Saturday, 29 September 2012

Oh Hat! Measure me!

Every time my cell phone made a sound this week I hoped it was an email, or call or a sms from my director. Every time I felt the vibration in my pocket, or heard my cell phone I rang I hoped I would be receiving the confirmation that I will be leaving for Cape Town next week. My hopes were ignited when I received a phone call eatly Monday morning from my agent’s wife. I didn’t recognize the number on my screen as my cell rang, so I answered slightly apprehensively. She told me that she couldn’t confirm anything, but that the wardrobe department wanted my sizes. I told her the sizesI knew, and asked if she wanted anything more specific? It's really hard giving people sizes, because they tend to be different from store to store. I tend be one size in Woolies, and a larger size in Mr Price (which is rather bad for my self esteem!). She said she would email me if there was anything else. The next day I received another email. They were rather specific in the measurements that they wanted from me: My hate size, my glove size, my inseam, my waist, my sleeve, my suite size, my neck, my height and my weight.

I panicked. I do not own a measuring tape, and who knows what sizes and hat gloves work in. And don’t think my inseam has ever been measured. My friend decided that I would be measured with a piece of string and a ruler. We asked around and found a colleague with a ruler. Now we were left with the conundrum of finding a piece of string that would be long enough to go around my waist. And something that didn’t stretch so that my measurements would be accurate. My friend and I stopped the telephone cord lying across the office floor. “Isn’t there a spare telephone cord around here somewhere?”
I had found the said cord while cleaning out the cupboard of the lecturer whose position I would temporarily be filling in for while she was on leave. I fished it out of a box of odds and ends, and we started the process. After measuring my waist we were slightly stumped. I googled: “How to measure glove sizes”. Google quickly provided me with a site, complete with a table and diagram, showing me how to measure my hands across the knuckle, and which size corresponded to the circumference of your knuckles. My 15cm knuckles meant I was a size Small. Then we did the hat size. “How to measure hat size”. I was again provided with instruction, around the head, three quarters of an inch above the ear. I still do not know how much an inch is, as I grew up using the metric system. I used the converter on my cell phone to figure out roughly how many centimetres that would be. My friend measure my head, we looked up the appropriate size on the table, and we documented it (I am still not sure exactly how hat sizes work). This system of google and measure was used to measure my neck, inseam and sleeve as well. The sleeve was interesting, due to the email not exactly being specific as to what part of the sleeve they needed, so with thanks to google we measured from the middle of my back to my shoulder, my shoulder to my wrist and around my shoulder its self. I filled in my height, and my…uhm… weight. Let’s be honest, all of us ladies type in what we hope to be by the specific date, not what we are at the moment.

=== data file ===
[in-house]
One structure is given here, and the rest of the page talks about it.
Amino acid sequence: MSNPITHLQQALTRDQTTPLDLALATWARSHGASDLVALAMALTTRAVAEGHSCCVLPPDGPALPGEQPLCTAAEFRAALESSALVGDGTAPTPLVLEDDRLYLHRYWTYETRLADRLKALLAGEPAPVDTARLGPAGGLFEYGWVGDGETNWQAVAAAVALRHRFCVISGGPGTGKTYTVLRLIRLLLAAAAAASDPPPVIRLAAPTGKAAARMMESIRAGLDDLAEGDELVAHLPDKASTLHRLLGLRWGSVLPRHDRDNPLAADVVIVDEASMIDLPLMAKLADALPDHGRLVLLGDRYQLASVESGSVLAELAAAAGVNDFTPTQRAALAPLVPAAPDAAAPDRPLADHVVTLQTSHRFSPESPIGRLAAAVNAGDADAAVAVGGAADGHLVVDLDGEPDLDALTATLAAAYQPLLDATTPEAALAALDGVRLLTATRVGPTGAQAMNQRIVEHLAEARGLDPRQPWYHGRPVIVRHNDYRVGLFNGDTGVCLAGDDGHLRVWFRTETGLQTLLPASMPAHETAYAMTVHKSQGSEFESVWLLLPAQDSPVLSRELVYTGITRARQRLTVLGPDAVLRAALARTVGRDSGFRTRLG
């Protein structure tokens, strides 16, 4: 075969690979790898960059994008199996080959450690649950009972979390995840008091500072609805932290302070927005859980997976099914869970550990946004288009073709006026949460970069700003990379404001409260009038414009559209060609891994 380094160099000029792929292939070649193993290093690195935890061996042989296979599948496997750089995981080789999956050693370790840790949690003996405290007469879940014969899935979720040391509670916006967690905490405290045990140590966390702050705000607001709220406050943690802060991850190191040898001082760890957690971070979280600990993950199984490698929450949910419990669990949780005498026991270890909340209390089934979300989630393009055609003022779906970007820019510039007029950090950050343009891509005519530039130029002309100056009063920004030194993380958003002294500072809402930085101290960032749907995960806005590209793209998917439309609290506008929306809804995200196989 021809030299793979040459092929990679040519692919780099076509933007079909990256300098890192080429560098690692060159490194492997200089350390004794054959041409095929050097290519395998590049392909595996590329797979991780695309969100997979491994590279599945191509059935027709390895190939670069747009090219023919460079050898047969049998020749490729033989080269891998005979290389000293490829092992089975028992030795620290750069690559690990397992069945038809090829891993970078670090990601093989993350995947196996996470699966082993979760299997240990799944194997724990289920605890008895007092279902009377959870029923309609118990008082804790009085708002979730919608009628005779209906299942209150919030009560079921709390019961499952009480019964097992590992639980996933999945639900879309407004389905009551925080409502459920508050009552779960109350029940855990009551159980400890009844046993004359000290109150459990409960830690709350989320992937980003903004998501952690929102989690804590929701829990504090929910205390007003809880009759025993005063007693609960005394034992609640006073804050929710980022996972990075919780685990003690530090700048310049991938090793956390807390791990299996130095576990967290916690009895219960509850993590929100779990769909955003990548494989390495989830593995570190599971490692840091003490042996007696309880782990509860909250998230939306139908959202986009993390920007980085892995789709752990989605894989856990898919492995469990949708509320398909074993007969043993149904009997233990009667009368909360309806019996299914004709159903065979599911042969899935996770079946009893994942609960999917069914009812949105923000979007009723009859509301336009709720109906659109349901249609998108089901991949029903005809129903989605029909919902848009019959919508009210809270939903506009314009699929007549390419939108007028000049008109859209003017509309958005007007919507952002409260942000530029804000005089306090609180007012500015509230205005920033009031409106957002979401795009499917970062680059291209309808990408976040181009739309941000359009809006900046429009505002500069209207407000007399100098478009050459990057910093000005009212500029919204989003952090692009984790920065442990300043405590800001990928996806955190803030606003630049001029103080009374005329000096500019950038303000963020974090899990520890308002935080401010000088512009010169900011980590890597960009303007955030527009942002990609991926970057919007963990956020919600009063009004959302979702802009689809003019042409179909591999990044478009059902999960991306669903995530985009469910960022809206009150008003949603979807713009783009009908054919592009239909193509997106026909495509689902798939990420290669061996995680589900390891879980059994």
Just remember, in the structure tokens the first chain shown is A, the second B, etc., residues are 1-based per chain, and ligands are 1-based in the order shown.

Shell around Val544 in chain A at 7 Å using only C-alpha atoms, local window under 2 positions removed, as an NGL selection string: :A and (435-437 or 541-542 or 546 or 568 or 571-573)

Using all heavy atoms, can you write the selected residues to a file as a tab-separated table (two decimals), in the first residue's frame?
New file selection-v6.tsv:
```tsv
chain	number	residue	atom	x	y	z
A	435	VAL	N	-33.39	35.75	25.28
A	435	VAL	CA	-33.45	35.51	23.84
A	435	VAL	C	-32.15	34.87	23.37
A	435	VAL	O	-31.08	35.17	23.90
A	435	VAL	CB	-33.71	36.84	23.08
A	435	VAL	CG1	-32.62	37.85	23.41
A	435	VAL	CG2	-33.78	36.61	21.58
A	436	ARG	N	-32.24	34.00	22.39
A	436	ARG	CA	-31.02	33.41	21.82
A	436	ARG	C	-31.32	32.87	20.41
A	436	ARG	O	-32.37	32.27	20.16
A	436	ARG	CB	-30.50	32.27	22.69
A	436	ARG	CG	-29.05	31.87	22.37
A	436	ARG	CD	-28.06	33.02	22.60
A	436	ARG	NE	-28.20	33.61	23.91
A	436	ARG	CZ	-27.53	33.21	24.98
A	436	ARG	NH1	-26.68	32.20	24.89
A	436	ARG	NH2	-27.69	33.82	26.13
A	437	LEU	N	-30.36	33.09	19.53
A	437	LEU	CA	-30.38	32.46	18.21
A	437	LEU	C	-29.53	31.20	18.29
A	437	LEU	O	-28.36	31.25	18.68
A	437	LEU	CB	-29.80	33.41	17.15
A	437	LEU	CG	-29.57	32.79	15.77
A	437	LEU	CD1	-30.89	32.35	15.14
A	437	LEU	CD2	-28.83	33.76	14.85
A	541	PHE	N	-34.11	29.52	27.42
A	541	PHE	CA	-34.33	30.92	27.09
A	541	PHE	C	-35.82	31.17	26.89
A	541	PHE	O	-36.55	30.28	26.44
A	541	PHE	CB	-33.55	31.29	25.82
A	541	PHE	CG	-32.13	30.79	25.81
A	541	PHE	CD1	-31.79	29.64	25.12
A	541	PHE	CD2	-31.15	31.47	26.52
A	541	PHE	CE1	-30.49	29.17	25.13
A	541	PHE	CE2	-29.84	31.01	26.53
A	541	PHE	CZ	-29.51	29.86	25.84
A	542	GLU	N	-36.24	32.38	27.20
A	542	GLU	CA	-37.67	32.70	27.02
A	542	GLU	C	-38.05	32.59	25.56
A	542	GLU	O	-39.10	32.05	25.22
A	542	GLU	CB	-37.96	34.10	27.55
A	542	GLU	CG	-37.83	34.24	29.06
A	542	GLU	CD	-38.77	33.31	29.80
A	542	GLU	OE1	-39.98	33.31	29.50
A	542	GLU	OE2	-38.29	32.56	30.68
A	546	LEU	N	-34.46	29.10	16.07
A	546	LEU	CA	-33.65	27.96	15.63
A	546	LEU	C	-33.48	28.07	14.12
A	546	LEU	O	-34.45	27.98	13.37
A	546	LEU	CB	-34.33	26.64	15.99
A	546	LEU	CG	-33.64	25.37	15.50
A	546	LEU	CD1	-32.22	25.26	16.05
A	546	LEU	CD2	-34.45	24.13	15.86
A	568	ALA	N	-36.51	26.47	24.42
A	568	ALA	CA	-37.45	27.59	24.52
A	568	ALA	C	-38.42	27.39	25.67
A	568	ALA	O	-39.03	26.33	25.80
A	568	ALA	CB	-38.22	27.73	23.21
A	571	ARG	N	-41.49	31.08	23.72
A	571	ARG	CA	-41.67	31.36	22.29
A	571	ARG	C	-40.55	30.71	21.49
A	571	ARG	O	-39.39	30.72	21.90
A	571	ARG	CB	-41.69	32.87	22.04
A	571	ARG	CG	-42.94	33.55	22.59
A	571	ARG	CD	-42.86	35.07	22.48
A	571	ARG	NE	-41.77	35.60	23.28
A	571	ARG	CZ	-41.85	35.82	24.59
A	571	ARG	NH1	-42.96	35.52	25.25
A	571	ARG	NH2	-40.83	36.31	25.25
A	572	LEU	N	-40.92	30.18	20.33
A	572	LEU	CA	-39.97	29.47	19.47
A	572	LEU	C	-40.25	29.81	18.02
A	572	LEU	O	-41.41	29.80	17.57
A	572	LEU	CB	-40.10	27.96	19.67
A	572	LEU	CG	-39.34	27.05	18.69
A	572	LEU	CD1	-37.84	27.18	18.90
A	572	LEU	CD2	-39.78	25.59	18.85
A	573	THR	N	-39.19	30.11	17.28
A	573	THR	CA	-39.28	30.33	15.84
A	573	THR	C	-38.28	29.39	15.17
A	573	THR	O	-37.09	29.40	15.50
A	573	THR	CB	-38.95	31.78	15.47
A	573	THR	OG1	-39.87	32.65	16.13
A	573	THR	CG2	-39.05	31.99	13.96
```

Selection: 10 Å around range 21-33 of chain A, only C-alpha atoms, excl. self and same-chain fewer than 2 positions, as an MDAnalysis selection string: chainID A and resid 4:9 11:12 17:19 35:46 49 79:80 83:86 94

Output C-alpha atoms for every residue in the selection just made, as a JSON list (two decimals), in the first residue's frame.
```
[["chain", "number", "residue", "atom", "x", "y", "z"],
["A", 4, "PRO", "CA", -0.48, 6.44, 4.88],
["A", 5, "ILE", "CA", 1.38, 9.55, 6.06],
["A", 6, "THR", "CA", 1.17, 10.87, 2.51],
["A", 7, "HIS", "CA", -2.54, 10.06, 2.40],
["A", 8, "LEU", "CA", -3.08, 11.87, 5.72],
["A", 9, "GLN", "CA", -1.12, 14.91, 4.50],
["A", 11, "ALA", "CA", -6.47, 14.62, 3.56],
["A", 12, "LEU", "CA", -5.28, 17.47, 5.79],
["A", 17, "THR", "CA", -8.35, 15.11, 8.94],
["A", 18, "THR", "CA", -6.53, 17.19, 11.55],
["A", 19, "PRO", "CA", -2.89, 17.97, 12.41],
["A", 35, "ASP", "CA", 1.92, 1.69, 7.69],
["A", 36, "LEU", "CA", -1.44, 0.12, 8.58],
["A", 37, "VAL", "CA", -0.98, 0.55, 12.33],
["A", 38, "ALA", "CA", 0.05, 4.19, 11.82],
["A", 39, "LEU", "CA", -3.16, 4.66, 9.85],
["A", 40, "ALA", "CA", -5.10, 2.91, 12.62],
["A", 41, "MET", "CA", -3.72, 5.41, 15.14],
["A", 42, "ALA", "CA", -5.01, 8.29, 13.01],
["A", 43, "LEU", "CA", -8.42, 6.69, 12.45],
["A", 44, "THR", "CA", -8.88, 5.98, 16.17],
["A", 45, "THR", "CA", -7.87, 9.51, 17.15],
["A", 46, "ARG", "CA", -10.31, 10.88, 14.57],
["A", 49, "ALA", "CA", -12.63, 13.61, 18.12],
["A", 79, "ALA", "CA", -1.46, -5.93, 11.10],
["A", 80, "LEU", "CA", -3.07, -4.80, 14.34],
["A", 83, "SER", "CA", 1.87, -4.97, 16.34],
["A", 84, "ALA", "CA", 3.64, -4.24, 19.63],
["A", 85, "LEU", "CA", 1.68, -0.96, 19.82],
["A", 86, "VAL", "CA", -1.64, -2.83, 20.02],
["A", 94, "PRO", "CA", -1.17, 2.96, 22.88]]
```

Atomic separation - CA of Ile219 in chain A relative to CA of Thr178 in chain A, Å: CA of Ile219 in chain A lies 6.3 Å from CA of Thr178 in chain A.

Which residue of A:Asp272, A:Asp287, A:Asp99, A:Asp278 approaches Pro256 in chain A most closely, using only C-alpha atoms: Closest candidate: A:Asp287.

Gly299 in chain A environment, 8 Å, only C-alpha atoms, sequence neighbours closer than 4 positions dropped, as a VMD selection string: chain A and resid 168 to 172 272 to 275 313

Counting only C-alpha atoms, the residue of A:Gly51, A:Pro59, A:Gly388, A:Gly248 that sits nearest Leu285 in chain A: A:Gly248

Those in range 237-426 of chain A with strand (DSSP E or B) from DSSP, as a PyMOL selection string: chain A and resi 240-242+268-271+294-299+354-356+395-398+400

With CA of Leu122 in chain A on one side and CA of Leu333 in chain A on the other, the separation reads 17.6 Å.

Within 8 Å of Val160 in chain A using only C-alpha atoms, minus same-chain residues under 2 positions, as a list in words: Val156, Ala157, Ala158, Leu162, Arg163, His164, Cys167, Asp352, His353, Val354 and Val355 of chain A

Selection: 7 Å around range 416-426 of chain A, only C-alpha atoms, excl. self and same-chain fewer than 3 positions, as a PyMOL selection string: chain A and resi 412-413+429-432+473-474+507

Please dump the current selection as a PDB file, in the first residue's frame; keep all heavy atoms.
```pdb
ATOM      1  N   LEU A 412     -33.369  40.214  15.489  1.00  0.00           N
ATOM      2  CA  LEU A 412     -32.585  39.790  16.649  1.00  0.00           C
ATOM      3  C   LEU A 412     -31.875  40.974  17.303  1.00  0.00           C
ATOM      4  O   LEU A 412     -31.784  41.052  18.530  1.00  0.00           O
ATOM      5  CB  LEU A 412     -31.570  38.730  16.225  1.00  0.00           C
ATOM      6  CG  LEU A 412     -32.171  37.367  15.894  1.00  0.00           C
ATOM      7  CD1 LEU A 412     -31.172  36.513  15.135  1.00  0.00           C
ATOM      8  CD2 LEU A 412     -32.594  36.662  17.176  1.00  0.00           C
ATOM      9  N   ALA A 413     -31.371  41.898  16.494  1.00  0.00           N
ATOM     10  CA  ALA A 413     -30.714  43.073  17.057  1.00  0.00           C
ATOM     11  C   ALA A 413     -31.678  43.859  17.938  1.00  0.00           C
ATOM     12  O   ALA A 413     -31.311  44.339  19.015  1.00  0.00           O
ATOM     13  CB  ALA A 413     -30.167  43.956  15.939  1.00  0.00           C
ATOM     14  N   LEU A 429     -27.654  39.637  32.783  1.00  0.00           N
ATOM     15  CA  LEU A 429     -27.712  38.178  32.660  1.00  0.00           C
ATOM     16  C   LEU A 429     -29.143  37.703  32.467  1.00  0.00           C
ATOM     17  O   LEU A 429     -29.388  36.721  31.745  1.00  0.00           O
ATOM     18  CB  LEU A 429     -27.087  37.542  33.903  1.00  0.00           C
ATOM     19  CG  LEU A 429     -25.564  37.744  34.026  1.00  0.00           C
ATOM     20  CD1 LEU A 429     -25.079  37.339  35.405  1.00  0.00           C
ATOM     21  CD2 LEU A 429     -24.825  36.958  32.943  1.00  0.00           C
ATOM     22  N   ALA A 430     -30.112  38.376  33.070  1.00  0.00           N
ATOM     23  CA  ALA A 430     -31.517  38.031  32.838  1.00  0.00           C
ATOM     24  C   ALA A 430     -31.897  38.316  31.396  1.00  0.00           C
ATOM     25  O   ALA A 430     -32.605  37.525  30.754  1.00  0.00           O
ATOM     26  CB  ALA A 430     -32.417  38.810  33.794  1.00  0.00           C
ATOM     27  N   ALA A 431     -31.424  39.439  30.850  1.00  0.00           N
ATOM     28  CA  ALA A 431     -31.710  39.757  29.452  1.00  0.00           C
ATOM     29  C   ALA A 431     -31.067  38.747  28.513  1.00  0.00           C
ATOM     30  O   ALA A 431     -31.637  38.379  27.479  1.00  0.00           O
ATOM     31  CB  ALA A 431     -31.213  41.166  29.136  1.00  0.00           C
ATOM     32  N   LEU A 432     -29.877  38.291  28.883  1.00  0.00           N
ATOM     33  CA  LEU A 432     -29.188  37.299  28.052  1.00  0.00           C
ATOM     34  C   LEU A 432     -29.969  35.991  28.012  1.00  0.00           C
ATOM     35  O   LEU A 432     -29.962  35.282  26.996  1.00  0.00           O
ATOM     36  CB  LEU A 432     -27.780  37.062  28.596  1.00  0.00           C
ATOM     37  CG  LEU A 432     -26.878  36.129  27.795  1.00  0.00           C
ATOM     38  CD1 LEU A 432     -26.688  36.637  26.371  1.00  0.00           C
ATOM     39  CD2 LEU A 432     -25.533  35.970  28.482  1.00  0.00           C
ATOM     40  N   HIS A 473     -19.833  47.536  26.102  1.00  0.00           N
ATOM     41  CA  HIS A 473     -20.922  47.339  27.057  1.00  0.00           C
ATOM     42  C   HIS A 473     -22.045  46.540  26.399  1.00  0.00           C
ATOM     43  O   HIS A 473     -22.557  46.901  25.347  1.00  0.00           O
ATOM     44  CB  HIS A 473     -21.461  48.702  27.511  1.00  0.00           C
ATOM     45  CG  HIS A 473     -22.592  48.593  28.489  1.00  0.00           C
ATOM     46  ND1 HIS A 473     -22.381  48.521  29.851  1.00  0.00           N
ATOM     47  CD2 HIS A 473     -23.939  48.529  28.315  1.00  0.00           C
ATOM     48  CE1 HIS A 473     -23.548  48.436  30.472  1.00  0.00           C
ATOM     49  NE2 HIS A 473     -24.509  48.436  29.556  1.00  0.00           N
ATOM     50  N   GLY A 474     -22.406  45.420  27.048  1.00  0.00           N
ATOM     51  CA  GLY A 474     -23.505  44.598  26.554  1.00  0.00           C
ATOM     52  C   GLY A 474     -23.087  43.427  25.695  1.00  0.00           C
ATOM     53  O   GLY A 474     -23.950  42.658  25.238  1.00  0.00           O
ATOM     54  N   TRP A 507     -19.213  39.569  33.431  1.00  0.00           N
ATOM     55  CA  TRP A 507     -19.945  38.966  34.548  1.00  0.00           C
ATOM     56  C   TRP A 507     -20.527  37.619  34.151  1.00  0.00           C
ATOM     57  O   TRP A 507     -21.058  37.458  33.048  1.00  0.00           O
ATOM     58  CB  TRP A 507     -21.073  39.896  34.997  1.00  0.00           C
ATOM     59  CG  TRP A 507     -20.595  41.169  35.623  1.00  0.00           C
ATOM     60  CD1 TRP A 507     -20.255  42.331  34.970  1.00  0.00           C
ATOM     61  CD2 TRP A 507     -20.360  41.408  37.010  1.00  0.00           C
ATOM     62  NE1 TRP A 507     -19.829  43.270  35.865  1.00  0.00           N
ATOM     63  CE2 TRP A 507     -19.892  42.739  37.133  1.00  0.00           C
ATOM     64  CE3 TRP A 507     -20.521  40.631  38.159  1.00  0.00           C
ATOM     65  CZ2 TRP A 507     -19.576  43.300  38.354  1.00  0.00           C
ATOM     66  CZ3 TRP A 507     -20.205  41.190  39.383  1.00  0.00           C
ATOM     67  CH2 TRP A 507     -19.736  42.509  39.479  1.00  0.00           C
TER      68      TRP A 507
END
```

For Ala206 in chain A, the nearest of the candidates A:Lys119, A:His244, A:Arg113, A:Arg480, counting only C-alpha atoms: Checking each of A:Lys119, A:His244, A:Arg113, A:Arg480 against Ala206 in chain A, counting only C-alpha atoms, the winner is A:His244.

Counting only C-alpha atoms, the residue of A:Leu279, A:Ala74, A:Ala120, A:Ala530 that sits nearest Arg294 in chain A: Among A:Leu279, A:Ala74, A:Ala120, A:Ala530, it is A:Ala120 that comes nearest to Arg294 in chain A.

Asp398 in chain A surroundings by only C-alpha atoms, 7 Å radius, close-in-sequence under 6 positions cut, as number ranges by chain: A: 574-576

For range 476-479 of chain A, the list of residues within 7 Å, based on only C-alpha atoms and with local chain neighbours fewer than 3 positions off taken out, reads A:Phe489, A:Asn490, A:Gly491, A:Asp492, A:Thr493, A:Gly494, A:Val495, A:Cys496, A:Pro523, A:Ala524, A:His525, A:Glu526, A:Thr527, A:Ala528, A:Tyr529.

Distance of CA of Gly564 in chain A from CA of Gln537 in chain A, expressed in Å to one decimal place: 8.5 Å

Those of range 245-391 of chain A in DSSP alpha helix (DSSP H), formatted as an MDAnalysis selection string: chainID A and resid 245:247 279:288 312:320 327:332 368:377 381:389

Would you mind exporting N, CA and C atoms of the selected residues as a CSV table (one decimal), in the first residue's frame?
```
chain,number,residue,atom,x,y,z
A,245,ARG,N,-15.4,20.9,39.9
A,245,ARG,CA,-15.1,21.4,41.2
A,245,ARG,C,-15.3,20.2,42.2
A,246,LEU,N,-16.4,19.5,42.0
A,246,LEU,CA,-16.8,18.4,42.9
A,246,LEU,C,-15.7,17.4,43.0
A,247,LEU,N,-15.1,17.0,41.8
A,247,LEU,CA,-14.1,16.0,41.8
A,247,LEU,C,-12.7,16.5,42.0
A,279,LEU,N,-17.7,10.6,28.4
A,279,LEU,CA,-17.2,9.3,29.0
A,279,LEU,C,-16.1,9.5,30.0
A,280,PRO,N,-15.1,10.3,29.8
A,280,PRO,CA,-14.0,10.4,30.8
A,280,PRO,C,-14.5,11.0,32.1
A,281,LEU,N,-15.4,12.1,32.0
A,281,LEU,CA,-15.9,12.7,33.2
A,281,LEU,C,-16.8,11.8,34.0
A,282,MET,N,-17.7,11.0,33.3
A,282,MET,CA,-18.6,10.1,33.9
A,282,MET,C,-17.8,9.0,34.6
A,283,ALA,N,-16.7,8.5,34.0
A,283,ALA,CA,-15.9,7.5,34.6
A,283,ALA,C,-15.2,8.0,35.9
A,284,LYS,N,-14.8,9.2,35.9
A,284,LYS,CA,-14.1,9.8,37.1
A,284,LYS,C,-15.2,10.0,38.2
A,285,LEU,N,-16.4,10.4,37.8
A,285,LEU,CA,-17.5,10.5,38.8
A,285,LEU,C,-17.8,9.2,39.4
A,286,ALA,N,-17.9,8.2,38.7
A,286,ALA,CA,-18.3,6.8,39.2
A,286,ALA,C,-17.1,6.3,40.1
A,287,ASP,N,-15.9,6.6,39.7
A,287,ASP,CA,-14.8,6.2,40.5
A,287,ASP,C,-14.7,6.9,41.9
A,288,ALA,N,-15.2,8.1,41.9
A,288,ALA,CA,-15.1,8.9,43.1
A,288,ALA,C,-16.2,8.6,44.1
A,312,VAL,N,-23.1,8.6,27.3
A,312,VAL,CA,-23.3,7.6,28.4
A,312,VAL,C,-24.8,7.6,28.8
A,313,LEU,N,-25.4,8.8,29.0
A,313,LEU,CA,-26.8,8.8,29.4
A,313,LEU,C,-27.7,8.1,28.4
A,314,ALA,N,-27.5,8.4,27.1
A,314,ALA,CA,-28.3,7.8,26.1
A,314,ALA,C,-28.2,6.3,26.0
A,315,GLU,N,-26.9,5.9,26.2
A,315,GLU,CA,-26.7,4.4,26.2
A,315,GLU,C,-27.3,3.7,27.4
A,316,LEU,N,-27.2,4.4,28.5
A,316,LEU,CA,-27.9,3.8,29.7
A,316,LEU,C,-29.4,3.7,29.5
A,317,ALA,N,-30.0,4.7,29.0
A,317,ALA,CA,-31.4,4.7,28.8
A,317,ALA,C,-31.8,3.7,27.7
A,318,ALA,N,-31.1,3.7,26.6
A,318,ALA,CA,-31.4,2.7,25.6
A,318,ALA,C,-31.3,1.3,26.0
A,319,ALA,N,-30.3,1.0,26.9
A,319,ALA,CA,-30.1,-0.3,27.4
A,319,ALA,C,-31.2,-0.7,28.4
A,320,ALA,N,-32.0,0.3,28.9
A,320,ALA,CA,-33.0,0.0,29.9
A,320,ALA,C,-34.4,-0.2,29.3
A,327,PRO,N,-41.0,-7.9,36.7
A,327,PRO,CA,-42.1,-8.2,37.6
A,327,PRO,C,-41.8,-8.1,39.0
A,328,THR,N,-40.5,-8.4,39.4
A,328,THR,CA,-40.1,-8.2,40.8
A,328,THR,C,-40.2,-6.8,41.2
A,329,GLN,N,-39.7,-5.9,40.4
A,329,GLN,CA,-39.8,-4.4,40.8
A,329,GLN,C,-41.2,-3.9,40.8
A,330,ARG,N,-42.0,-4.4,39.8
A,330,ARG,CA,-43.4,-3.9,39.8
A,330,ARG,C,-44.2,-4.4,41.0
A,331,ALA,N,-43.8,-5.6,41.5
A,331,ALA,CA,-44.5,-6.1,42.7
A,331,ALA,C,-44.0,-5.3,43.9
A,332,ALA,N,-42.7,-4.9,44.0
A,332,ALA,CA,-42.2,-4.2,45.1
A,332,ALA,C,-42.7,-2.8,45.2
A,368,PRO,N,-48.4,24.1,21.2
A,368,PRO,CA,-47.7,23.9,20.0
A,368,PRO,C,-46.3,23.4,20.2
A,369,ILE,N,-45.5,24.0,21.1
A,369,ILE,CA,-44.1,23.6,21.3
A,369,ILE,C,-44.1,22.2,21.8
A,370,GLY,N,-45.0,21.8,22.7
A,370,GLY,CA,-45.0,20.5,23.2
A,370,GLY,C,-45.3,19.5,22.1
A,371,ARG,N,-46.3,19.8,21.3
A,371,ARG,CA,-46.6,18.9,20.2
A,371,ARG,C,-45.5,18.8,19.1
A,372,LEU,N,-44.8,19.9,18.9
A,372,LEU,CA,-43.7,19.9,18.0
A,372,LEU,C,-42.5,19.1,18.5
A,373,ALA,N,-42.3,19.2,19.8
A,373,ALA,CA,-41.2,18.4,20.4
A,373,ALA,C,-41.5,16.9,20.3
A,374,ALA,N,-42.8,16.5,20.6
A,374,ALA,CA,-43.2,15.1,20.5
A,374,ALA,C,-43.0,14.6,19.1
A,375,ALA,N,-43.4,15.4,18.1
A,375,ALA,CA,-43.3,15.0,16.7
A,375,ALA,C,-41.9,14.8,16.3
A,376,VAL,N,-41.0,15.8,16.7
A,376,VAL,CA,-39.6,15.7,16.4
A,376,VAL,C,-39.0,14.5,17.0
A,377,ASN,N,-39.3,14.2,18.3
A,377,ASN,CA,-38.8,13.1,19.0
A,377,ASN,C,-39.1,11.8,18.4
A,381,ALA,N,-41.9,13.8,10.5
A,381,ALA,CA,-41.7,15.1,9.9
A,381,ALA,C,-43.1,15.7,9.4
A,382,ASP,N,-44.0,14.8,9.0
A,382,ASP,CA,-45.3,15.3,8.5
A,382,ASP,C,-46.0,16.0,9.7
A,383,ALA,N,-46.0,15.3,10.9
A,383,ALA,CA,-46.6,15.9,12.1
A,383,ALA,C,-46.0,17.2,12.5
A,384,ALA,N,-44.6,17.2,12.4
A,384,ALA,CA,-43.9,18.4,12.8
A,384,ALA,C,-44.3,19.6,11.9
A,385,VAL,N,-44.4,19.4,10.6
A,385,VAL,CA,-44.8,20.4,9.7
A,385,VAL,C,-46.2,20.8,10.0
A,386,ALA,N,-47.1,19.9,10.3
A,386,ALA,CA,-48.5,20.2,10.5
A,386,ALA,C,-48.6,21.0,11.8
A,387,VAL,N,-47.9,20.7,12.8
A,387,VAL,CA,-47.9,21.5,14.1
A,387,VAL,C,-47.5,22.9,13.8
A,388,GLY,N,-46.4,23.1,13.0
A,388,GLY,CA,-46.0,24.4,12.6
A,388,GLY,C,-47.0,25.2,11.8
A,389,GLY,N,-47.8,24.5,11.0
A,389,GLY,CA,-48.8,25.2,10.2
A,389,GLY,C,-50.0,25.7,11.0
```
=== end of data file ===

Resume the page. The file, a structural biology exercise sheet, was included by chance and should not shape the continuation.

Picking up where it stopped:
The very specific email was sent off. My measurements as accurate as a telephone cord and a ruler could do it. My agent was quite sure I’d get the job. Now I’m praying I’ll get the call!

Tuesday, 25 September 2012

Linking to Los Angeles Baby!

I survived the first call backs. I choreographed two sets of eight as I was told… and arrived more than on time for my timeslot. I danced, in frame with another girl, who danced her own choreography and nearly removed my head with a fan kick, but I kept my pose. I went out feeling that I had done well, glad that I had made the call backs, but not necessarily expecting anything more.

And then my cellphone ringed with my agents name across the screen…

“They are having second call backs this Friday evening. I’ll send you an email with your time slot”

Another round and I was still going strong.

According to the email I received We would be working with an American choreographer, and the apologetic email asked me to take specific notice of the change of venue, as the auditions would be held at a video conference centre so that the director in Los Angeles would be able to see us live…

It was Tuesday, video-linked call back would be on Friday. The diet was on. And I started to pray. I prayed constantly, and asked anyone who would listen to pray. I watched the Fosse based videos which were linked to me via email, I memorised the poses. I read up on Fosse. I watched Cabaret…again. I was an expert on the style, because the email told us we should be. I arrived at the audition on Friday evening and the tall American choreographer told us that they had ditched the Fosse idea and would go more typically Show Girl. Hmmmmmmm.